I answered the phone. It was a member of the Livesey family informing me that kids were stranded on the ice. My dad and I drove to the lake. There was a crowd and the Fire Department.
I asked a friend, “What’s the story?” and he said, “They have three of them.”
I then asked a policeman, who said that there were four of them at Dr. Bruner’s office.
When driving back on Division Street my dad said, “They won’t find the other one until spring.”
I said, “Dad, the four of them are at Dr. Bruner’s.”
He decided to stop at the house and tell Mom. She was standing at the top of the stairs, and when my dad said, “They have three and they will not find the other one until spring,” my mom fainted and landed at my feet. I was shocked.
At Dr. Bruner’s there were three pair of skates in the foyer, a red flag for me. Down a hallway sat one of the boys. At the T, my dad went left and I went right. We both turned and wondered — where was my brother?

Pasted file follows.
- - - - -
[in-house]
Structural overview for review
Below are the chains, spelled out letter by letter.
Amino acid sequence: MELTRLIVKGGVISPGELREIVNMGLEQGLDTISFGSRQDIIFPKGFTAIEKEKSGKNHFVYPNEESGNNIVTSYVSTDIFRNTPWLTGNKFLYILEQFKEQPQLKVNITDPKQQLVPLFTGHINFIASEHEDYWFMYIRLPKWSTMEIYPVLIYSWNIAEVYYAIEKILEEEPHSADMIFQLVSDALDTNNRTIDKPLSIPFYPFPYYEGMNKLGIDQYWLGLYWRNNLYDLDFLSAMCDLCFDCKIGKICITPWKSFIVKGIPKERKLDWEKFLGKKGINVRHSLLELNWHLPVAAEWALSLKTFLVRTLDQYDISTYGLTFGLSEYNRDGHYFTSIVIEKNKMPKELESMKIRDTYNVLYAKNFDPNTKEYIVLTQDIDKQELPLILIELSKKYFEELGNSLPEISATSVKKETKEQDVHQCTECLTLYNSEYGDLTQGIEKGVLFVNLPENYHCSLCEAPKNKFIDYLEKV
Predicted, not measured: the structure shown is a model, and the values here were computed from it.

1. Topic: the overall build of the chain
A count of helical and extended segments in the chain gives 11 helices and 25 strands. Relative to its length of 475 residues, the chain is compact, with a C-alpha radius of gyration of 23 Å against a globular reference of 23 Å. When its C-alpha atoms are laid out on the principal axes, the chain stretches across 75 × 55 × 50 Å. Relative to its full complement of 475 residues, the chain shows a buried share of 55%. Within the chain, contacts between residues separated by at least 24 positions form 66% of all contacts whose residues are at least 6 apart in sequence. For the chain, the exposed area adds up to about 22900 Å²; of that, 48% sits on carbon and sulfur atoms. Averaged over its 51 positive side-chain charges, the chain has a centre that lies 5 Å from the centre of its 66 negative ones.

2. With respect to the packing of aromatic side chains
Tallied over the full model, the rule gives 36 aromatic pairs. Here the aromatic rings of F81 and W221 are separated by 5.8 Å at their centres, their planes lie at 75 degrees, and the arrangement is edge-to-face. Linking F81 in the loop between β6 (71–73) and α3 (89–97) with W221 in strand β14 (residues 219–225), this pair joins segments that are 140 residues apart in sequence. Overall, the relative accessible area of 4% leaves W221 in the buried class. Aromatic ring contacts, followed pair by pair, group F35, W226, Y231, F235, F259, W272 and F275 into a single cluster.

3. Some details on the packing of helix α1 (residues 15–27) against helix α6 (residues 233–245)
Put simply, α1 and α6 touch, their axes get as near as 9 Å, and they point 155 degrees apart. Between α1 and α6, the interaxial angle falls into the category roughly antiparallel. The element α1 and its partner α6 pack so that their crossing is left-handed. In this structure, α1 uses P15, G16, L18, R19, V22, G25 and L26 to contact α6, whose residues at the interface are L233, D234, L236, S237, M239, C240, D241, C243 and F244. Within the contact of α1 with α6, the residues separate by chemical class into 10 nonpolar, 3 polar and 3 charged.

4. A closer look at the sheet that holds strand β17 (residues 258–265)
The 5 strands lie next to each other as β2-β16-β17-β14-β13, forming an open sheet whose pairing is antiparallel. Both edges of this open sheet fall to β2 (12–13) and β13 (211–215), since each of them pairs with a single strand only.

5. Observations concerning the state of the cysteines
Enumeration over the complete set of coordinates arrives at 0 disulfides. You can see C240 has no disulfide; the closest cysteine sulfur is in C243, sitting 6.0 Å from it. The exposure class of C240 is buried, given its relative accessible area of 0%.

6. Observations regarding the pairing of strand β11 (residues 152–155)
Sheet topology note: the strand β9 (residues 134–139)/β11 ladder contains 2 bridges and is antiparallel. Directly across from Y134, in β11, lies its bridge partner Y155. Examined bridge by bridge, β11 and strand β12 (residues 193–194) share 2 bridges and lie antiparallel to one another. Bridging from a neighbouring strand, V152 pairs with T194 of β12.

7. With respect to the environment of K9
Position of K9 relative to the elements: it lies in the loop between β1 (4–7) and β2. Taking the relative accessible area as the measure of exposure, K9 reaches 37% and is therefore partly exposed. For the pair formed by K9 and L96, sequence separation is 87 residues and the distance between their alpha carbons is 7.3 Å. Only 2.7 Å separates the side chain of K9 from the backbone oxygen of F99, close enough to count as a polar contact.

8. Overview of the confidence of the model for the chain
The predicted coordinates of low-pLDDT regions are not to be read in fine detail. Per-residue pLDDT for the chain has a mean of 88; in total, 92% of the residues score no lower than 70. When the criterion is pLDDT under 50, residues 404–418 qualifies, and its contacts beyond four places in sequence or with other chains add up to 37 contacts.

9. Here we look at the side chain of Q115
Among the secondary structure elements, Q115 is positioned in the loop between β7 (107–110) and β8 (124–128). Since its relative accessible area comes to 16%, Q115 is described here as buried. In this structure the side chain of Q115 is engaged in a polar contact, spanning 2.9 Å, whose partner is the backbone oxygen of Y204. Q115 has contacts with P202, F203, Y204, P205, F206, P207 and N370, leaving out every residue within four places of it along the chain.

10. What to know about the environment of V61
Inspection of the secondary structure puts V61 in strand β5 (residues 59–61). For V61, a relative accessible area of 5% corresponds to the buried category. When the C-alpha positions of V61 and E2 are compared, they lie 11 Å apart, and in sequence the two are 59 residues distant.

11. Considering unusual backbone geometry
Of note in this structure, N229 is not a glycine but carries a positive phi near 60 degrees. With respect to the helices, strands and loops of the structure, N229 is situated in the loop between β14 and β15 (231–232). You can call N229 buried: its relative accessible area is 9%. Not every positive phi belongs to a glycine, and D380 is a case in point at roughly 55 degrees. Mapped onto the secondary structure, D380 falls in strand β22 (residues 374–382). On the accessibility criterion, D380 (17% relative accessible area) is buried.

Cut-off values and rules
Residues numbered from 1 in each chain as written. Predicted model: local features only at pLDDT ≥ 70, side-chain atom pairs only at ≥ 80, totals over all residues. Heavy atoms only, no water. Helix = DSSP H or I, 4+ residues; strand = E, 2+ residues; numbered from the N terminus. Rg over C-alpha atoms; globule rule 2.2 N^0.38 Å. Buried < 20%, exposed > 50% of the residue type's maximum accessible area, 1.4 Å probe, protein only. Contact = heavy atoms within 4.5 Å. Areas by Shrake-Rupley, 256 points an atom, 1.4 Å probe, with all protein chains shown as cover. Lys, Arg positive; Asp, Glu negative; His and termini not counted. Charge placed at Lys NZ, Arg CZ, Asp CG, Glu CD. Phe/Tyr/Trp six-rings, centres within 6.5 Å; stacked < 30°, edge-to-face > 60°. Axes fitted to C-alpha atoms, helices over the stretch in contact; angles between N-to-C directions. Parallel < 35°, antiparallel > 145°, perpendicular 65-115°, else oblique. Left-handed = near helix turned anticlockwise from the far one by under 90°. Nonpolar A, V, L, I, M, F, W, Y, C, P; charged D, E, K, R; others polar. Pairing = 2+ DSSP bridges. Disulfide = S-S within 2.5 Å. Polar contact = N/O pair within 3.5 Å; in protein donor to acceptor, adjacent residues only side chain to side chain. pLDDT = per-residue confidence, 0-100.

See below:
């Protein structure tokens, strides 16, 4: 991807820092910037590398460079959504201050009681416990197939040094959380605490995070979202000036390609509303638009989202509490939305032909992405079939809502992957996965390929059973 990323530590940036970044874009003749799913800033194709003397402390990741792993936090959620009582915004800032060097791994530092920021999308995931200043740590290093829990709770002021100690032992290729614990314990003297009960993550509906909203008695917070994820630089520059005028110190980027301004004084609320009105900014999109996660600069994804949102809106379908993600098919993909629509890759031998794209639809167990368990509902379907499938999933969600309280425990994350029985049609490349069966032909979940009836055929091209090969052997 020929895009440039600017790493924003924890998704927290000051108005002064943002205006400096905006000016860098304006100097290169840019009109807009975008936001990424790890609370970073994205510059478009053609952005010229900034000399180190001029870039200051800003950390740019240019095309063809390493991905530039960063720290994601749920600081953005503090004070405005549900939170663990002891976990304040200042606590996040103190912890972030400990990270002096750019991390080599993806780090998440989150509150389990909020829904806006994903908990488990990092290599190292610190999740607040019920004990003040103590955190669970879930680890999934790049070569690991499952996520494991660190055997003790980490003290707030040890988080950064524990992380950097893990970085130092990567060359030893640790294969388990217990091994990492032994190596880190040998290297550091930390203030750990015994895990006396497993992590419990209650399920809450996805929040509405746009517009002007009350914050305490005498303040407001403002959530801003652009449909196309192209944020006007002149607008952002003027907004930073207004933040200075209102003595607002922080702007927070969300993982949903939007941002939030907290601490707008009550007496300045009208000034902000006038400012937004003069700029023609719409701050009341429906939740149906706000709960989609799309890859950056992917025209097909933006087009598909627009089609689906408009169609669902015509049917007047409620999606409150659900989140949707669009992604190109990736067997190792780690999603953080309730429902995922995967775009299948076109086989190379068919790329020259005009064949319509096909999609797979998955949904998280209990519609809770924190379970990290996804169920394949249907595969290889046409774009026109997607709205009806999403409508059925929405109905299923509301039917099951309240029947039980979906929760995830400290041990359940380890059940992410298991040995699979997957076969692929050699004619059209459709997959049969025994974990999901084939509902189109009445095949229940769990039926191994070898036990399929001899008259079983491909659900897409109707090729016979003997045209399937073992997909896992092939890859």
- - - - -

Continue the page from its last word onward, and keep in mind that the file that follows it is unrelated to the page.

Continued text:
A nurse then said, “Oh, the other one is here.” She opened a door and there was Jim.
Patrons at the Lakeshore Terrace Hotel had had difficulty deciding if what they viewed were geese or people. I do not know who called the Fire Department. Clarence Ware and a co-worker were near the lake. They took a rowboat and rescued the kids.
I was told that because my brother stayed on the ice, he was able to help the three back onto the ice. When the split was small, they went into the water. I learned that their clothing froze to the side of the boat.
Ken Livesey, Ellis Cowell, Jim and Lois Perkins. Four lucky kids. That’s my story and I’m stickin’ to it.
Image by Ed Zilch from Pixabay